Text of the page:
Can the world of professional chefs teach us anything about productivity? Joe and Mike seem to agree with Dan Charnas and say, yes. Mis-en-place!
As Joe and Drew both grow their respective businesses, their usual task management talk transitions to a similar topic: team management. Drew gives the floor to Joe, who talks about why he manages projects and not people, and how to find the right system.
Should you set limits on what you’ll do with and for other people? And if so, what should those lines be? And do those limits have a place in the church?
Drew bought a coffee shop. He tells the story, and talks about how it’s changing his productivity habits.
Up to 40% of our daily actions are influenced by our habits, but how do you actually influence them? In this episode, Joe & Mike dive into The Power of Habit and discover the secret to lasting positive change.
There is a myth in the workplace that says we need to work longer hours to achieve more and do so with higher quality. But this is purely a myth and there’s a lot of science to prove it.
Joe turns this episode into a confessional and makes a vulnerable statement: He’s a phone addict. Drew and Joe discuss our modern tendency to spend too much time on our devices, Joe reveals how he’s dealing with it, and Drew covers the ways that iOS 12 provides some ‘app limits’ of its own. Since iOS 12 gets brought up, so too does the other looming Apple beta: Mojave.
If you listen to Bookworm as a way to filter your book list, then this episode will blow your mind. Joe and Mike pick their top ten books draft-style. They’re not necessarily Bookworm books either. Also included: a special surprise.
An episode dedicated to a singular topic: Joe is back to using OmniFocus.
What does it take to become the best? And what do the world’s greatest do that puts them at the top? And how does that translate into our day to day lives?
Drew talks about his new business venture, Keyhouse! After Joe introduced Procourse last week, this conversation continues the same dialogue on freelance work becoming something bigger.
Joe talks about his new business venture, ProCourse! This leads to a conversation about the natural evolution from freelancer to business owner, and all of the challenges that come with it: Setting goals (or choosing not to), getting buried in email, adding yet-another-Slack channel, and telling people IRL what you do in the first place.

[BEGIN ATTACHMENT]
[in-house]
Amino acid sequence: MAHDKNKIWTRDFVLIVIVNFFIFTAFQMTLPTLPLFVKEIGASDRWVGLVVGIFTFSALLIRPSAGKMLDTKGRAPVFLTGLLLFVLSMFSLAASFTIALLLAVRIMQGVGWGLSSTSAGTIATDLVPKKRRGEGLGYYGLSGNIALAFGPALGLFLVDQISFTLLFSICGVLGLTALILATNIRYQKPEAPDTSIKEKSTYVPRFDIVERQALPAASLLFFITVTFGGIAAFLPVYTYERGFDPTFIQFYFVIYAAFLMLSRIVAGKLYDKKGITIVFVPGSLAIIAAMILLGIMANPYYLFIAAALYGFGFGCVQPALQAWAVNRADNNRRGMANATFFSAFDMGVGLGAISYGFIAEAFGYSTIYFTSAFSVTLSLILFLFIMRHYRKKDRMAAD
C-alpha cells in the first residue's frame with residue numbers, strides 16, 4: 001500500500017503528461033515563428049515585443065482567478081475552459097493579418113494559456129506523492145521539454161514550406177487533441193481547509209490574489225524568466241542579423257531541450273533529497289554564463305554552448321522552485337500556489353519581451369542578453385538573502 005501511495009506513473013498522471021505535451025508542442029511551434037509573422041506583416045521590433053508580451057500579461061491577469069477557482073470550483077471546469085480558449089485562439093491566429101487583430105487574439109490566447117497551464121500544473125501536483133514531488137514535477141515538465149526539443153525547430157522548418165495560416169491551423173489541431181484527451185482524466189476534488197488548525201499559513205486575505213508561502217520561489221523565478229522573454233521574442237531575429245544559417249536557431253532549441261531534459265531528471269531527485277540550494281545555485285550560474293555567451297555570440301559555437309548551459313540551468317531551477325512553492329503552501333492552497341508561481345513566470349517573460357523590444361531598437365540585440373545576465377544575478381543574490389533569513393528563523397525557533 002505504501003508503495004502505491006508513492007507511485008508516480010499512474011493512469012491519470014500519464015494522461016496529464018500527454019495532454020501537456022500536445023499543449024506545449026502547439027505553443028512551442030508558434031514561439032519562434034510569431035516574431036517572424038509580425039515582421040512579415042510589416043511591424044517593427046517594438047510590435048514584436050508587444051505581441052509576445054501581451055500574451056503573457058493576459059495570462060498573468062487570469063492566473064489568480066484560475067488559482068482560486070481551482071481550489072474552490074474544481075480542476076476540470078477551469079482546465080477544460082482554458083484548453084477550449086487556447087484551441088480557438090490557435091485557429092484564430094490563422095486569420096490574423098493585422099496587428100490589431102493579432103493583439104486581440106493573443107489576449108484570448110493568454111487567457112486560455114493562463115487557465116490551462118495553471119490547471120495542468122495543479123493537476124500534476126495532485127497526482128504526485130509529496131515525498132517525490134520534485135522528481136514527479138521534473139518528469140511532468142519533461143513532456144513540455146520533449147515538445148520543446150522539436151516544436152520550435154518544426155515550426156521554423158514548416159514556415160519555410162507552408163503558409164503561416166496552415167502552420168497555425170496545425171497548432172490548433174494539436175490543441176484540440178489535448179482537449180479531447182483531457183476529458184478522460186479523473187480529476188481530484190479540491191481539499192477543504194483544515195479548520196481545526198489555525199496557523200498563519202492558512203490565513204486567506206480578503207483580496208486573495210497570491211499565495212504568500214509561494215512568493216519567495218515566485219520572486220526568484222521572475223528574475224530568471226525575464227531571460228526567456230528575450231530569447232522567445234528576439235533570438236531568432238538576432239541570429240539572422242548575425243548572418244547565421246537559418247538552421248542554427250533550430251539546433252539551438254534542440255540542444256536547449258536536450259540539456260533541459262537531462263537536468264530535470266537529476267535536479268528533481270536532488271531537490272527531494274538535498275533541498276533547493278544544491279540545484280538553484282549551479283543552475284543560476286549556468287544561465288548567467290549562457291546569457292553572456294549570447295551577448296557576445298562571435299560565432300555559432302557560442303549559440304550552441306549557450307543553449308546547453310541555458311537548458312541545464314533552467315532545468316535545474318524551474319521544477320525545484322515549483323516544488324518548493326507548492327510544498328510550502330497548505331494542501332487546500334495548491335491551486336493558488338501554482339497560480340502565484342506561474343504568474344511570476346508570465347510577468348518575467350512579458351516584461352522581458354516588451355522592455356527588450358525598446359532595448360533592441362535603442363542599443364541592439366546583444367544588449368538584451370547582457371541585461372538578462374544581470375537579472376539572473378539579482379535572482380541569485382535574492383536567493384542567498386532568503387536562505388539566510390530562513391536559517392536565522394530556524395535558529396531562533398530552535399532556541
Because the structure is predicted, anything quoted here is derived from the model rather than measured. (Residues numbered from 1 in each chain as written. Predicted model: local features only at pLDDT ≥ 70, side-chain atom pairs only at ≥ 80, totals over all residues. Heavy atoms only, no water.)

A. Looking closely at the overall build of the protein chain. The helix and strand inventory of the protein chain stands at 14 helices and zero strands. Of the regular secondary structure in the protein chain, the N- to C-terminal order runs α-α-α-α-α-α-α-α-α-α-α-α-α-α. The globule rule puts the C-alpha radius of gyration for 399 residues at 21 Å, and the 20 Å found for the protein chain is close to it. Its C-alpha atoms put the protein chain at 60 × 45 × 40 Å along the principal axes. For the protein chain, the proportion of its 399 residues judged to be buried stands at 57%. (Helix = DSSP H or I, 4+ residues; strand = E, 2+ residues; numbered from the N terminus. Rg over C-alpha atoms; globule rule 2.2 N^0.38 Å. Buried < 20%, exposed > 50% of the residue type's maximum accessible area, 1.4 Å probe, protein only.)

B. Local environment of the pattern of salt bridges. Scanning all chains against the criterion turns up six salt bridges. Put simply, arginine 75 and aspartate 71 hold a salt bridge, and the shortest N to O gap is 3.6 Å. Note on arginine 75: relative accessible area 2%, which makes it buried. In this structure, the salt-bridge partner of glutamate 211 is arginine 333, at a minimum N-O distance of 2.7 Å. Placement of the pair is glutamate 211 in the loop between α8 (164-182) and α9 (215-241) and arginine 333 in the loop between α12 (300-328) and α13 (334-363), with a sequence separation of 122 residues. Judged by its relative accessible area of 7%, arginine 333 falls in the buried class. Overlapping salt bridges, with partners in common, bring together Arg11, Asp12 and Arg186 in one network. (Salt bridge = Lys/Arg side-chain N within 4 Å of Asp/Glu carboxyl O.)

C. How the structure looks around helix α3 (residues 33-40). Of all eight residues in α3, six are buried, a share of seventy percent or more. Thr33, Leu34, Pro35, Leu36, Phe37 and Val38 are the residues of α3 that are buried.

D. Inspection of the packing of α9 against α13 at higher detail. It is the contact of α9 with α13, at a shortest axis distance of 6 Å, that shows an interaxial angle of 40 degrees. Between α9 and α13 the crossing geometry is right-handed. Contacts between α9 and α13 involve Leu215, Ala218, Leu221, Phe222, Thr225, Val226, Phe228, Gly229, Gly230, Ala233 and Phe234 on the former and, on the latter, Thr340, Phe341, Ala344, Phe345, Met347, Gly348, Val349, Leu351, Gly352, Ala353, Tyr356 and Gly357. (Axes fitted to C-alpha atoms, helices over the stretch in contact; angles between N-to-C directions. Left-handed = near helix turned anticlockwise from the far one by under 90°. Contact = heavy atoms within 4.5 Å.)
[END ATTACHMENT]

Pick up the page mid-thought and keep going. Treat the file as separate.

It’s time for another classic that both Mike and Joe are a bit embarrassed they haven’t read previously. And it turns out to be a book where the title doesn’t do it justice.
Joe transcends the typical mailbox and gets a UPS box of his own. This leads to a conversation about home offices, which leads to a conversation about wanting to appear legitimate, which leads to an unexpected conversation about learning how to take on new roles.
Should you think about your family in the same way you think about an organization? And what are the ramifications of the answer to that question?
Drew has learned from his past mistakes, but is still trying to make everything a bit more optimized. How many times must his desktop overflow before he sets up a file management script or two? Joe shares his own workflows and methods, and the two discuss the ‘work’ that lets you do work more efficiently.
Drew has some recording difficulties, which leads to a conversation about redundancy and what happens when something breaks. Joe asks some questions brought about from last week’s conversations, and the two reveal their pre-iPhone hardware stances. Then, Joe goes in-depth on his analog task management set up.
Don’t have time to read books? Then listen to this! Joe and Mike jump into the topic of a busy culture and what we can do about it.
A tech glitch Drew experiences leads to a wide-ranging discussion about tech support, automated cars, and the pros and cons of being an early adopter. Joe is not as convinced about living on the cutting edge.
What does the Bible say about productivity? And how does this book compare to other productivity books?